This is where the song comes in. It was written for a reason and is the part with which the listener ultimately connects. When you can replicate as much of that as possible, using whatever means are available, the connection becomes that much stronger.

And because the listener’s bond with the song is so strong, more often than not, they’ll forgive your singing if it turns out to be poor, as long as it’s heartfelt. If you can tune a guitar, then you know what “in tune” and “out of tune” sounds like, so you should be able to correct your vocal pitch to the point where you can at least carry the tune. If you can’t, you just haven’t spent enough time doing it. Practice it with as much gusto as your playing and you’ll see the difference.

Now, presumably if you’ve learned riffs for various songs, then you know how those songs go. It’s just a matter of remembering the chords, the song structure, and the lyrics. To aid in this, you can look up the chords and melody on tab sites like Ultimate Guitar, or if you want the official stuff, check out any online seller of music songbooks.

For me personally, I never knew many complete songs until my daughter was born. When she was one year old, my wife and I could barely get her to eat while sitting in her high chair. However, we eventually found out that if I sang and played guitar while food was in front of her, she’d become absorbed in the music and start to eat without noticing.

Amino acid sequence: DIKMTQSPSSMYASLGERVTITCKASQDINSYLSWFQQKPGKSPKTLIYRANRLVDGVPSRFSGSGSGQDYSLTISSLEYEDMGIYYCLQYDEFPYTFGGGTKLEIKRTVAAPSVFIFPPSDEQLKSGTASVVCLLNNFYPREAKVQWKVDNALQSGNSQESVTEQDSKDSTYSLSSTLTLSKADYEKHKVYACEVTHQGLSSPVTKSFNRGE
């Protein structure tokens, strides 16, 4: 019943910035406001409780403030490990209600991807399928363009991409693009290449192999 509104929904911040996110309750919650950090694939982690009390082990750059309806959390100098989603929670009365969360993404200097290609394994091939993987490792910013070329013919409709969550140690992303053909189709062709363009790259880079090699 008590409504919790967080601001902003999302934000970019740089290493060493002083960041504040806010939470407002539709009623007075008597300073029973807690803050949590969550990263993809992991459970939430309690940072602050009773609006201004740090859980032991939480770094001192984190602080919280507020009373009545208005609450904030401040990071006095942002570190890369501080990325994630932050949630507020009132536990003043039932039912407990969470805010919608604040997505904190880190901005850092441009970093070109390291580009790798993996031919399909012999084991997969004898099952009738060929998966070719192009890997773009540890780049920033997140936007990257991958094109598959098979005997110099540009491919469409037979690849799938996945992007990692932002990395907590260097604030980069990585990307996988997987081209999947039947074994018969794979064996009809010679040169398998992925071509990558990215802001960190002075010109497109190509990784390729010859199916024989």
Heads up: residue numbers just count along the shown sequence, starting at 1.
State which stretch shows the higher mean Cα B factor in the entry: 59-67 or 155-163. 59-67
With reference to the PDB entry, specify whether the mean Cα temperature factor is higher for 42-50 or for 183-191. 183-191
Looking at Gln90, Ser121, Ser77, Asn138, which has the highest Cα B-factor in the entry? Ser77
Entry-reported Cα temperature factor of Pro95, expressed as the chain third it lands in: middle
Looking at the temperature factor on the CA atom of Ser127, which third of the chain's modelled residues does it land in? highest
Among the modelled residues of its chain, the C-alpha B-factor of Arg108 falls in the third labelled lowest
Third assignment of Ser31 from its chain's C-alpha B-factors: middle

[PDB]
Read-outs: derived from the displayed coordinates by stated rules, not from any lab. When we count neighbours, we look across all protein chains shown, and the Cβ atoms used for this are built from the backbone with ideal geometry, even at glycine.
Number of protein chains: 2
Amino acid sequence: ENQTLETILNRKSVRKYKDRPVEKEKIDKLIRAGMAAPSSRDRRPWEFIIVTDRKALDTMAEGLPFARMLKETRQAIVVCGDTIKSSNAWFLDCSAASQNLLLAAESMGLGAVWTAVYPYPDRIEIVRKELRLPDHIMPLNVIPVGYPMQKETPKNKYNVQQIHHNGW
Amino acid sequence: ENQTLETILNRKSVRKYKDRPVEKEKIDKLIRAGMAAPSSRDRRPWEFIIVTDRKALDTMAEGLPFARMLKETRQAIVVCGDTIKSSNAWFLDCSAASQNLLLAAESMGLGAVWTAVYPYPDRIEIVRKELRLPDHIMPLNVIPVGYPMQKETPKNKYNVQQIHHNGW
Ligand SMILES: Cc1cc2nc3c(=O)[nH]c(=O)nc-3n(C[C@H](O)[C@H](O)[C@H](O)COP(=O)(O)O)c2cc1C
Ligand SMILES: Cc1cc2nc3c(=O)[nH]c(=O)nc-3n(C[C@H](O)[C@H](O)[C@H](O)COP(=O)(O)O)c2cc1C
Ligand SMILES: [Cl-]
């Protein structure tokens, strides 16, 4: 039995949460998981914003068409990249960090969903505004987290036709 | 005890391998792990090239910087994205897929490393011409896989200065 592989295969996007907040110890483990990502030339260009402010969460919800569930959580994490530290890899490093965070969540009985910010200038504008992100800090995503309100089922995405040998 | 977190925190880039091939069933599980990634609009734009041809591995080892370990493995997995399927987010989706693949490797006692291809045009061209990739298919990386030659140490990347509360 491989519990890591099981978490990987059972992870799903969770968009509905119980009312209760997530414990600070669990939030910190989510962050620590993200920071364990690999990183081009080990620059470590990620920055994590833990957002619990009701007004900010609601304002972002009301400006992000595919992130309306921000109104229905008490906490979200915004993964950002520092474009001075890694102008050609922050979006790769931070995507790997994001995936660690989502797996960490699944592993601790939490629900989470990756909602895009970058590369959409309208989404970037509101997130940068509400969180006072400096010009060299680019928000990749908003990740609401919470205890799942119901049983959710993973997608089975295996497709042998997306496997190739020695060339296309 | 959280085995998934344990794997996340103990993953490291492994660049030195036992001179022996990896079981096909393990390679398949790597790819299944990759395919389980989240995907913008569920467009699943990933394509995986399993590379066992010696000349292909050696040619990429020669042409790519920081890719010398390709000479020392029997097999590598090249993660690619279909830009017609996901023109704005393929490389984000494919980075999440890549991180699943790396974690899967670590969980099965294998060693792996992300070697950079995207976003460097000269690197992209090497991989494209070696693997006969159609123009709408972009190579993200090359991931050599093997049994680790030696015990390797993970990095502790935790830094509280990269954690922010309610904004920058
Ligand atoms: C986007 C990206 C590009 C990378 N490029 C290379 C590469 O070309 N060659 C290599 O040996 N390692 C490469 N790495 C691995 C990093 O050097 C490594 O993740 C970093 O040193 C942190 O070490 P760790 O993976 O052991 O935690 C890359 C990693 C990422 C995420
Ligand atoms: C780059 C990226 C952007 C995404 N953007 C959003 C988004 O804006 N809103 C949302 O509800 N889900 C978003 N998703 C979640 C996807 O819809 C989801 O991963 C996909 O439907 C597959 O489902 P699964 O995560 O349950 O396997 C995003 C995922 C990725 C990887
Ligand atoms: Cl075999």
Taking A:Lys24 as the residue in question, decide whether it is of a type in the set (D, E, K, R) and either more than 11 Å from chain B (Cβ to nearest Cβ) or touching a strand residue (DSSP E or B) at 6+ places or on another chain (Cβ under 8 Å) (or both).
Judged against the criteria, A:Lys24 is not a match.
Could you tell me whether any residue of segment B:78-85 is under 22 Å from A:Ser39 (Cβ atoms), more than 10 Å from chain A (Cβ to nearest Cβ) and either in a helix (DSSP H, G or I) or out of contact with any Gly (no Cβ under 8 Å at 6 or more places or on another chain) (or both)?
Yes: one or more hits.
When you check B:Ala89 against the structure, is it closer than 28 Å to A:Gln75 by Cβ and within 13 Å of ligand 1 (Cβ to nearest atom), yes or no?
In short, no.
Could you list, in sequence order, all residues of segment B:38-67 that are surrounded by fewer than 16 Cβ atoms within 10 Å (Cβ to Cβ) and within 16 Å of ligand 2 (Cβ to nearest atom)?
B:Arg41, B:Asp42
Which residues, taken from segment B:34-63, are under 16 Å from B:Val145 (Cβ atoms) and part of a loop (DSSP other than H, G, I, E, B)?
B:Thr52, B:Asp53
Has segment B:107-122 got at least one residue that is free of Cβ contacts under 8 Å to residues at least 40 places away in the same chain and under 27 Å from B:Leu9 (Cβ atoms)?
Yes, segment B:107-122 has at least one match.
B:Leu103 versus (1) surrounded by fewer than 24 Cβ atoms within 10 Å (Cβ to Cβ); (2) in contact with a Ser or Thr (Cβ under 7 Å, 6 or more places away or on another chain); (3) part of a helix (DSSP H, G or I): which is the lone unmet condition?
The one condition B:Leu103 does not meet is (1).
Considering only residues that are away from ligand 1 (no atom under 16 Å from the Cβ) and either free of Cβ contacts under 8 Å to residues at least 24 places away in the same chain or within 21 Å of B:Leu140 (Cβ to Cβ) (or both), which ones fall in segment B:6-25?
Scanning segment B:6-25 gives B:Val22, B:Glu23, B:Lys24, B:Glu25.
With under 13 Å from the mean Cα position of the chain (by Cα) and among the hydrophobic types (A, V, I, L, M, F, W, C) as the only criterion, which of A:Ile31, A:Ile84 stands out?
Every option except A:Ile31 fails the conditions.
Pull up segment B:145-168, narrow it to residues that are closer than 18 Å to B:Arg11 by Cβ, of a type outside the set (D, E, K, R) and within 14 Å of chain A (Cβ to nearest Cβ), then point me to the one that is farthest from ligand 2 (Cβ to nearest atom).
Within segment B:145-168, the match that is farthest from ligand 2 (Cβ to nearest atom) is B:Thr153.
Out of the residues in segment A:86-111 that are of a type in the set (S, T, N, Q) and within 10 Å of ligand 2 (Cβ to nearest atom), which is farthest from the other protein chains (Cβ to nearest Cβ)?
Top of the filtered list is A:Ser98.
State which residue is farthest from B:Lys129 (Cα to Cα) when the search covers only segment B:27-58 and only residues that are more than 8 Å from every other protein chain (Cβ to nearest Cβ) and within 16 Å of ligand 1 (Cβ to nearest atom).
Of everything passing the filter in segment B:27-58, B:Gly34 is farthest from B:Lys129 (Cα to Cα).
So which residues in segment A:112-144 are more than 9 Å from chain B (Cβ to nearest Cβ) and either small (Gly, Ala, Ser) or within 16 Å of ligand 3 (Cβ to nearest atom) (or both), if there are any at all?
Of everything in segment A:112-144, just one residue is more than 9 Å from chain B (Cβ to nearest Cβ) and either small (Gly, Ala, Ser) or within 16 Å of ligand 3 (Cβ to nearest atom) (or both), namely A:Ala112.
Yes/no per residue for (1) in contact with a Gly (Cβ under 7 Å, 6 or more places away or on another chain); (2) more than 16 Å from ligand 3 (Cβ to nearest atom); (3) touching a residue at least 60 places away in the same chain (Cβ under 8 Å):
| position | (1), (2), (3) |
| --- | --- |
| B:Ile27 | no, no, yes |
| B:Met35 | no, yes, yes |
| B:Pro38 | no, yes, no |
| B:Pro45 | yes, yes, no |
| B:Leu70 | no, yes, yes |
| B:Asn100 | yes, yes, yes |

Thus, playing for her during mealtime became standard practice and I needed to start learning songs in a hurry. So I pulled out my Beatles Complete songbook and started memorizing a new tune daily until enough I had enough repertoire to last a few meals.

In the end, it isn’t about being a jukebox or a karaoke machine. It’s simply tapping the love of music shared by yourself you and the listener via your performance.

And that’s a very powerful thing. Can you think of a better reason to be learning & playing music?

James Taylor Has Magic Fingers

James Taylor

Even with an artist as innovative as James Taylor, I assumed that most aspects of his guitar style and technique would be relatively orthodox. This turned out to be anything but.

Though there are many great musical devices that he employs throughout his wide ranging repertoire of folk-rock hits, I find the most fascinating to be the way he approaches fingering chords. Specifically, his method for fingering the standard A major and D major chords deserves special attention.